New to Buddhism
How do I get started?
We have classes and events for all levels of practice, including introductory courses for brand new students or those who are just curious about Buddhism.
- Meditation 101 is an introductory five-session course designed for complete beginners. This class provides an overview of Tibetan Buddhist meditation and basic meditation techniques, including breathing, mindfulness, visualization, and analytical meditation. The course includes an explanation of what kinds of skills we develop in meditation and how these are useful in our daily lives.
- Buddhism in a Nutshell is an introductory course in Tibetan Buddhism meant for complete beginners. It offers a general overview of basic Buddhist philosophy and principles along with a brief introduction to Tibetan Buddhist meditation.
- Tibetan Meditation Beginner’s Night. Our Tibetan Meditation sessions, which meet on Tuesday evenings and focus on traditional analytical and visualization meditations, include a beginner’s night on the first Tuesday of each month. These sessions provide an overview of basic meditation techniques, including posture, breathing, and an introduction to analytical and visualization meditations. Plenty of time is open for questions.
Frequently Asked Questions
The resources below are from FPMT’s New to Buddhism FAQ page:
What is Buddhism?
Click here for “What is Buddhism” by Lama Zopa Rinpoche.
Who is the Buddha?
There are many ways to describe who the Buddha is, according to different ways of understanding. These various interpretations have their sources in the Buddha’s teachings. One way is to see the historical Buddha who lived 2,500 years ago as a human being who cleansed his mind of all defilements and developed all his potential. Any being who does likewise is also considered a Buddha, for there are many Buddhas, not just one. Another way is to understand a particular Buddha or Buddhist deity as omniscient mind manifesting in a certain physical aspect in order to communicate with us. Yet another way is to see the Buddha — or any of the enlightened Buddhist deities — as the appearance of the future Buddha that we will become once we properly and completely have engaged in the path to cleanse our mind of defilements and develop all our potentials.
What are the Three Jewels?
The Three Jewels are the Buddha, Dharma and Sangha. Buddha is one who has purified all the defilements of the mind the afflictive emotions, the imprints of the actions motivated by them, and the stains of these afflictive emotions and who has developed all good qualities, such as impartial love and compassion, wisdom knowing all existence, and skillful means of guiding others. The Dharma embodies the preventive measures which keep us from problems and suffering. This includes the teachings of the Buddha, as well as the realizations of those teachings the cessations of problems and their causes, and the realizations or paths which lead to those cessations. The Sangha are those beings who have direct non-conceptual perception of emptiness or ultimate truth. On a relative level, Sangha also refers to the ordained people who put the Buddha’s teachings into practice.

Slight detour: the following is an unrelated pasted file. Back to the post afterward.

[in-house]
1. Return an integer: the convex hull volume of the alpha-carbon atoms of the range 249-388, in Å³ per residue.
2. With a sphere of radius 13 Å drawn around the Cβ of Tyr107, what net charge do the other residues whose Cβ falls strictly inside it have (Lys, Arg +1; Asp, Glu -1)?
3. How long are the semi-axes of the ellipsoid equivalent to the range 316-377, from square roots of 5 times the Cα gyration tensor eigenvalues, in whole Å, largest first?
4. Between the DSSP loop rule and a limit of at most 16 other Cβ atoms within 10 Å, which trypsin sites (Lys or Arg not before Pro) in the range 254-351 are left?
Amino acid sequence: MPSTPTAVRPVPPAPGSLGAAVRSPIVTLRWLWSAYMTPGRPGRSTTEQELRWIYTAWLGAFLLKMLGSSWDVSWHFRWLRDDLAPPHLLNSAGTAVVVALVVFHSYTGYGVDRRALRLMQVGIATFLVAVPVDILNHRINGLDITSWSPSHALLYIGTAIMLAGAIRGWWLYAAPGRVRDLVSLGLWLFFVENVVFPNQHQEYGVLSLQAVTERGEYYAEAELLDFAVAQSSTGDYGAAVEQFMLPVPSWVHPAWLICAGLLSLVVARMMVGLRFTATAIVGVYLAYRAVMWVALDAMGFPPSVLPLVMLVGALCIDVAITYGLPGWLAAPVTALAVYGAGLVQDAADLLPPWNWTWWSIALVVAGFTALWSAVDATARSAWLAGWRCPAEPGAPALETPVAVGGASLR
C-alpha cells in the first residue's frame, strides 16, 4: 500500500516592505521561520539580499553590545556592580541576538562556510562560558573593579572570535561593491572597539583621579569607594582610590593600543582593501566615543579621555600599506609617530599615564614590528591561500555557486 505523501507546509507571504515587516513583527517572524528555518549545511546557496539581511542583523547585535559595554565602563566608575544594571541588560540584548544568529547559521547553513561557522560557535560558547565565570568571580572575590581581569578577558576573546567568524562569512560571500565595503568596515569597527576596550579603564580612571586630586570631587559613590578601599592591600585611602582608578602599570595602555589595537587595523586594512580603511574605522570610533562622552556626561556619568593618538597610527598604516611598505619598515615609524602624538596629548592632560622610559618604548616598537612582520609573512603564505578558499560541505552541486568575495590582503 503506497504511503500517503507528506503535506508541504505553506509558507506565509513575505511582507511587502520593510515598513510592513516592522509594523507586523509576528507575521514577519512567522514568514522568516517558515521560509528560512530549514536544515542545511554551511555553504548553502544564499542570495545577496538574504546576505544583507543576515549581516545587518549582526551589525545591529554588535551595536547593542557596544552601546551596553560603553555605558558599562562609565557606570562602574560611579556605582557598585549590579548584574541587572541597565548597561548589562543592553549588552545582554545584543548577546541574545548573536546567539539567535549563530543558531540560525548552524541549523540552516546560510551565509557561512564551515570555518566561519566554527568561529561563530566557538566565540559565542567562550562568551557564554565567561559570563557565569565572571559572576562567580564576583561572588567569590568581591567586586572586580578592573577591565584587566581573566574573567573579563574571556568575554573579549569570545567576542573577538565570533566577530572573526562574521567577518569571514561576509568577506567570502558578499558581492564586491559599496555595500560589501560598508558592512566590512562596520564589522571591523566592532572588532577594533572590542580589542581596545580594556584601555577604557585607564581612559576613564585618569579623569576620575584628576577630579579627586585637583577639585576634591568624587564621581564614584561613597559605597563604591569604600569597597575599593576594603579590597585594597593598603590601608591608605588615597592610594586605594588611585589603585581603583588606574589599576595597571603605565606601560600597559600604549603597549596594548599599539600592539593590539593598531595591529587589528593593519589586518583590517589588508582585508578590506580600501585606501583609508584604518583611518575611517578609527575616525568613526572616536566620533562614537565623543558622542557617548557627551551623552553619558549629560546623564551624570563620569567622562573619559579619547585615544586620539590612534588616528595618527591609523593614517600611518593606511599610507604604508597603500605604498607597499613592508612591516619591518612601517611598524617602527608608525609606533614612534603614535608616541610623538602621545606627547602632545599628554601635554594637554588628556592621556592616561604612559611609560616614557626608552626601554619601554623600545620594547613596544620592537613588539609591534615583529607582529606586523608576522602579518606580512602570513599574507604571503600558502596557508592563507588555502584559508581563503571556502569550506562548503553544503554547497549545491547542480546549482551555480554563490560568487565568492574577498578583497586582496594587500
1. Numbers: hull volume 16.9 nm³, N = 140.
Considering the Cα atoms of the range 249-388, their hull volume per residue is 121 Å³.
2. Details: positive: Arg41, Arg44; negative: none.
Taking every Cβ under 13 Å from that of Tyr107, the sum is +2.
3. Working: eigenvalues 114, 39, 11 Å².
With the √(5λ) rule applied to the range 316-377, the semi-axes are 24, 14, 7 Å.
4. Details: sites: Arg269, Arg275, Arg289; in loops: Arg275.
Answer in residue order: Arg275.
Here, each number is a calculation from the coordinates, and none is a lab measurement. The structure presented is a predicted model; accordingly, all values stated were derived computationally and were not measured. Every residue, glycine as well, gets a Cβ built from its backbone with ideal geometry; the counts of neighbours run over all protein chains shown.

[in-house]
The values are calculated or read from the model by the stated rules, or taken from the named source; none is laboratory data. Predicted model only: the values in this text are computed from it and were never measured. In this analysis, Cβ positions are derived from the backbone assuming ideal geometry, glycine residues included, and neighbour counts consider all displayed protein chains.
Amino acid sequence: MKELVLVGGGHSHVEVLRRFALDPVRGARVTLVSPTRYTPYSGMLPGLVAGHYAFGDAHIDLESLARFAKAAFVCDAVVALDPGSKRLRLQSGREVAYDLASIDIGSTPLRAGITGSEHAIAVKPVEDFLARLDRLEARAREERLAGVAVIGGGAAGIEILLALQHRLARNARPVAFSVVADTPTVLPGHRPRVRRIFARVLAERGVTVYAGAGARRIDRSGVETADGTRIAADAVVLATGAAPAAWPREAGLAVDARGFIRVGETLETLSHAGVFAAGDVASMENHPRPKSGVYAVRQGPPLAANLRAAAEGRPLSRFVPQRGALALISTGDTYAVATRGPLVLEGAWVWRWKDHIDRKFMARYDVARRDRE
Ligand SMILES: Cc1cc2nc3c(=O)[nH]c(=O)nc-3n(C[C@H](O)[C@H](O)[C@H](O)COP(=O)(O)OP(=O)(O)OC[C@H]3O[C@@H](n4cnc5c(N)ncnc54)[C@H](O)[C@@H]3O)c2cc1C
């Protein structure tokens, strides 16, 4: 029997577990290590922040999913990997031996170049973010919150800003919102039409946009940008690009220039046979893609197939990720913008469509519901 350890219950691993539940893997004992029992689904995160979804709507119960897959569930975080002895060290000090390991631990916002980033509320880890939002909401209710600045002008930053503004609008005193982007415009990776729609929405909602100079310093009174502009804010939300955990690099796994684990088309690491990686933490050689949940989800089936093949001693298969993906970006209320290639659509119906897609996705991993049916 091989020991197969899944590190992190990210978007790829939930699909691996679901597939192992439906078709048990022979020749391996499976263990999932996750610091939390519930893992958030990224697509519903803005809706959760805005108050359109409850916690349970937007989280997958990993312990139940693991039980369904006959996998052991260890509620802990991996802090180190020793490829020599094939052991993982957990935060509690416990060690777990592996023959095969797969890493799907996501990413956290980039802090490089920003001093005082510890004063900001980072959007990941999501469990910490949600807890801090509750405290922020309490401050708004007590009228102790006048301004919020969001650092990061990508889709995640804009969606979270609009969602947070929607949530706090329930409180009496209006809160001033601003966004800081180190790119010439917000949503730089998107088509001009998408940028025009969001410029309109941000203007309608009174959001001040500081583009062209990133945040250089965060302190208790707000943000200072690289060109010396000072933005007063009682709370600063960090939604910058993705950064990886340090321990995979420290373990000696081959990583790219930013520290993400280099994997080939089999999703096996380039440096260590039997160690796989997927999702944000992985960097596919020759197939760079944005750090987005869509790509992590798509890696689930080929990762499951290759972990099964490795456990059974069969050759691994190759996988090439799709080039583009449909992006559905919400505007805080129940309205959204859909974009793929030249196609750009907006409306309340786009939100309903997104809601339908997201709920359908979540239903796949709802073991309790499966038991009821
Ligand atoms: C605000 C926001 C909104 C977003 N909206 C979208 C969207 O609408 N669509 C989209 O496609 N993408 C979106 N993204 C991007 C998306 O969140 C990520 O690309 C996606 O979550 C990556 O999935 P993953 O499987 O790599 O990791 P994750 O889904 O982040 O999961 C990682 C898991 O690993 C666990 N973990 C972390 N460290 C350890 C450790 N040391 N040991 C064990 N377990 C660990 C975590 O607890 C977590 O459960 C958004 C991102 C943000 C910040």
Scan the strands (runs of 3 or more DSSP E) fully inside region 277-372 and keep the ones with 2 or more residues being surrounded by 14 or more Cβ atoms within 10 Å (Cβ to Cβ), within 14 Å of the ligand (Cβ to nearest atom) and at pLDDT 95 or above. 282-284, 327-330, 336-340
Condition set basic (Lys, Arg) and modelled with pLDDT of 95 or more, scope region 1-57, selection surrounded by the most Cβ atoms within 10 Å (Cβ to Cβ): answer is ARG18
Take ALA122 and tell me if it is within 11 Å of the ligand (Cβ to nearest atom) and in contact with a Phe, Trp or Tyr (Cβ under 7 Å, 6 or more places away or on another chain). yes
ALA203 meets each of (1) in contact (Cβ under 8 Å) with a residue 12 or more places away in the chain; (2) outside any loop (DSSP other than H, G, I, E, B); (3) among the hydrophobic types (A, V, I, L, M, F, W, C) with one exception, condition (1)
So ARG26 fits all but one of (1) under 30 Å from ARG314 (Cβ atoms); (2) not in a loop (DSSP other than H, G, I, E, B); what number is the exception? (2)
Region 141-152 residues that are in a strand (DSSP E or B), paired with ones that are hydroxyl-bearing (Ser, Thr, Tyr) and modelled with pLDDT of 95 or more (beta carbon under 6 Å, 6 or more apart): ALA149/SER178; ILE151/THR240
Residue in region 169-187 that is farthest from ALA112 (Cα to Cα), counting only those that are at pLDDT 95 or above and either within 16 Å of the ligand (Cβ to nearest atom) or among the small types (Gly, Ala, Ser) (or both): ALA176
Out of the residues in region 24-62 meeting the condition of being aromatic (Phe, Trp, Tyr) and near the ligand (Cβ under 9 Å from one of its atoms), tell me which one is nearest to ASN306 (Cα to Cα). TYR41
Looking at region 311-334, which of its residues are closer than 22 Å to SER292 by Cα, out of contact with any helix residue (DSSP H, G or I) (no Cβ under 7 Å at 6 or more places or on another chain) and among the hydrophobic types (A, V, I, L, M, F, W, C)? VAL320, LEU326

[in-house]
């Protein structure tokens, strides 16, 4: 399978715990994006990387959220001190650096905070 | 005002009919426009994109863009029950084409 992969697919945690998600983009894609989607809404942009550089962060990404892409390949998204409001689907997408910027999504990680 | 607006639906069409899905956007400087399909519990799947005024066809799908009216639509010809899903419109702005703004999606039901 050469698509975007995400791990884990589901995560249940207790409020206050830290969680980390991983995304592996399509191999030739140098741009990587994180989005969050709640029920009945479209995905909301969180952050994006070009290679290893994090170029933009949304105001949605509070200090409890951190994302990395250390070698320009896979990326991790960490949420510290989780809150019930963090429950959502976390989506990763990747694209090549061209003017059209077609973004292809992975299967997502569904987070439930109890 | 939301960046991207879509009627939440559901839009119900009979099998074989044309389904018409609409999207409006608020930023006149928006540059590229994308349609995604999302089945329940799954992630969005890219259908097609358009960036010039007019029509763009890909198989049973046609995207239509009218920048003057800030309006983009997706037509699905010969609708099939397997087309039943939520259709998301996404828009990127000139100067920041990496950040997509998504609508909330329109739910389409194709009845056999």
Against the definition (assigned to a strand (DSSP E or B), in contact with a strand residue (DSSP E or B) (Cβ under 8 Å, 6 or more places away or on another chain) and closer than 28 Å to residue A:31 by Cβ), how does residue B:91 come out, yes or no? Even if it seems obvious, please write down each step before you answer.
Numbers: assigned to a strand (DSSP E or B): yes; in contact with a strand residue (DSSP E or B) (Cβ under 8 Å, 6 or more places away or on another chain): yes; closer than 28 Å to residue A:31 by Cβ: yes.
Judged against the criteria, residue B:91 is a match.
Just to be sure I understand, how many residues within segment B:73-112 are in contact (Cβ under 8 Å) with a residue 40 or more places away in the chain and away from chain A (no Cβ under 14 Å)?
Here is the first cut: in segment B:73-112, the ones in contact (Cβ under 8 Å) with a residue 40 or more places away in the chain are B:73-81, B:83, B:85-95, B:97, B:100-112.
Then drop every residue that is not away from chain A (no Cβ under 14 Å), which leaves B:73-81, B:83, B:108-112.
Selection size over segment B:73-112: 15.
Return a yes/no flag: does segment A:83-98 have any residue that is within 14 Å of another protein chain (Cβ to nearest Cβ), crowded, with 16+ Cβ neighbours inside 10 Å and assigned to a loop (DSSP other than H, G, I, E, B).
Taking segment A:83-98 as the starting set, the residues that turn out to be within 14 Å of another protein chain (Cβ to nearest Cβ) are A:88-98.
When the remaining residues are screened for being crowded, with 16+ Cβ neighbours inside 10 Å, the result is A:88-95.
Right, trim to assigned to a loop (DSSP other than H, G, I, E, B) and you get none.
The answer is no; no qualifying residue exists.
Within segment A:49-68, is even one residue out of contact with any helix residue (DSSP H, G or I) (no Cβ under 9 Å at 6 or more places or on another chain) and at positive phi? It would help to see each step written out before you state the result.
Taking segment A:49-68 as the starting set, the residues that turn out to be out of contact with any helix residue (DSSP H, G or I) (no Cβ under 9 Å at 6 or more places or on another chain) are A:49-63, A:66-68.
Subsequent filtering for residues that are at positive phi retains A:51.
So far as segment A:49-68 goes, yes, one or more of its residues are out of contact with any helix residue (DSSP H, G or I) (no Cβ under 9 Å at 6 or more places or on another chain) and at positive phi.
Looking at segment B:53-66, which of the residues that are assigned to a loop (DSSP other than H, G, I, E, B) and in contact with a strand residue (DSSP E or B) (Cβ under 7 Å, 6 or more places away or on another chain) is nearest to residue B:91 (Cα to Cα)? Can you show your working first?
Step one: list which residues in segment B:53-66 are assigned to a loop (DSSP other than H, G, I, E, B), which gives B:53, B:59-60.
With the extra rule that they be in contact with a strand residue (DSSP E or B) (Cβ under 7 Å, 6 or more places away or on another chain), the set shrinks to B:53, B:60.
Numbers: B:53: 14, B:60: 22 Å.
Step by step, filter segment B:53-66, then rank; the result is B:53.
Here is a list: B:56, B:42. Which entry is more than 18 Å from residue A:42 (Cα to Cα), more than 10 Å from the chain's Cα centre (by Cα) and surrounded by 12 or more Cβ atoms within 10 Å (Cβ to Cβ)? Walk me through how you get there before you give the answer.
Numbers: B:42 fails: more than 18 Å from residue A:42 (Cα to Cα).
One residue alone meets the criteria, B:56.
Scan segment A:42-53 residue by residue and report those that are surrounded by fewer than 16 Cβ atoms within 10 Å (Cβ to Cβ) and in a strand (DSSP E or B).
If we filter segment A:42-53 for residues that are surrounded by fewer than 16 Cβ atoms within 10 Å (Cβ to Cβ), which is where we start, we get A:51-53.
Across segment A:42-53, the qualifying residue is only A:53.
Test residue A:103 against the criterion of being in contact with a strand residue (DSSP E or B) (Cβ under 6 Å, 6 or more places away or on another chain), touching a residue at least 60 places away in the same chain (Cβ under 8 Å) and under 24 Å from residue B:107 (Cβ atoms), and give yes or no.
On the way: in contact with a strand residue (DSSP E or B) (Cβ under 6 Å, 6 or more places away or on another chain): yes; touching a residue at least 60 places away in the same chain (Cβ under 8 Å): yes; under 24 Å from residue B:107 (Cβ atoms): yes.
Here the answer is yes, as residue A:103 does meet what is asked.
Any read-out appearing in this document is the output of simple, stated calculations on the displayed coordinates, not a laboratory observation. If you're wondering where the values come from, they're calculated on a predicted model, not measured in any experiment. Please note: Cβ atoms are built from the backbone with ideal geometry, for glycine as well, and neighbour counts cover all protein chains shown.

What is the essence of the Buddha’s teachings?
Simply speaking, this is to avoid harming others and to help them as much as possible. Another way of expressing this is: abandon negative action; create perfect virtue; subdue your own mind. This is the teaching of the Buddha. By abandoning negative actions (killing, etc.) and destructive motivations (anger, attachment, close-mindedness, etc.), we stop harming ourselves and others. By creating perfect virtue, we develop beneficial attitudes, like impartial love and compassion, and do actions motivated by these thoughts. By subduing our mind, we cut away all false projections, thus making ourselves calm and peaceful by understanding reality. The essence of Buddha’s teachings is also contained in the three principles of the path: definite emergence, the dedicated heart and wisdom realizing emptiness. Initially, we seek definitely to emerge from the confusion of our problems and their causes. Then, we see that other people also have problems, and with love and compassion, we dedicate our heart to becoming a Buddha so that we are capable of helping others extensively. In order to do this, we develop the wisdom understanding the real nature of ourselves and other phenomena.
Why are there many Buddhist traditions?
The Buddha gave a wide variety of teachings because sentient beings (any being with a mind who is not a Buddha, including those in other realms of existence) have different dispositions, inclinations and interests. The Buddha never expected us all to fit into the same mold. Thus, he gave many teachings and described various ways of practicing so each of us could find something that suits our level of mind and our personality.
What are the various Buddhist traditions?
Generally, there are two divisions: Theravada and Mahayana. The Theravada lineage (Tradition of the Elders), which relies on sutras recorded in the Pali language, spread from India to Sri Lanka, Thailand, Burma, etc. It emphasizes meditation on the breath to develop concentration and meditation on mindfulness of the body, feelings, mind and phenomena in order to develop wisdom. The Mahayana (Great Vehicle) tradition, based on the scriptures recorded in Sanskrit, spread to China, Tibet, Japan, Korea, Vietnam, etc. Although in the Theravadin practice love and compassion are essential and important factors, in the Mahayana they are emphasized to an even greater extent. Shantideva Center practices Tibetan Buddhism in the Gelug tradition. Click here for a short summary of Tibetan Buddhism.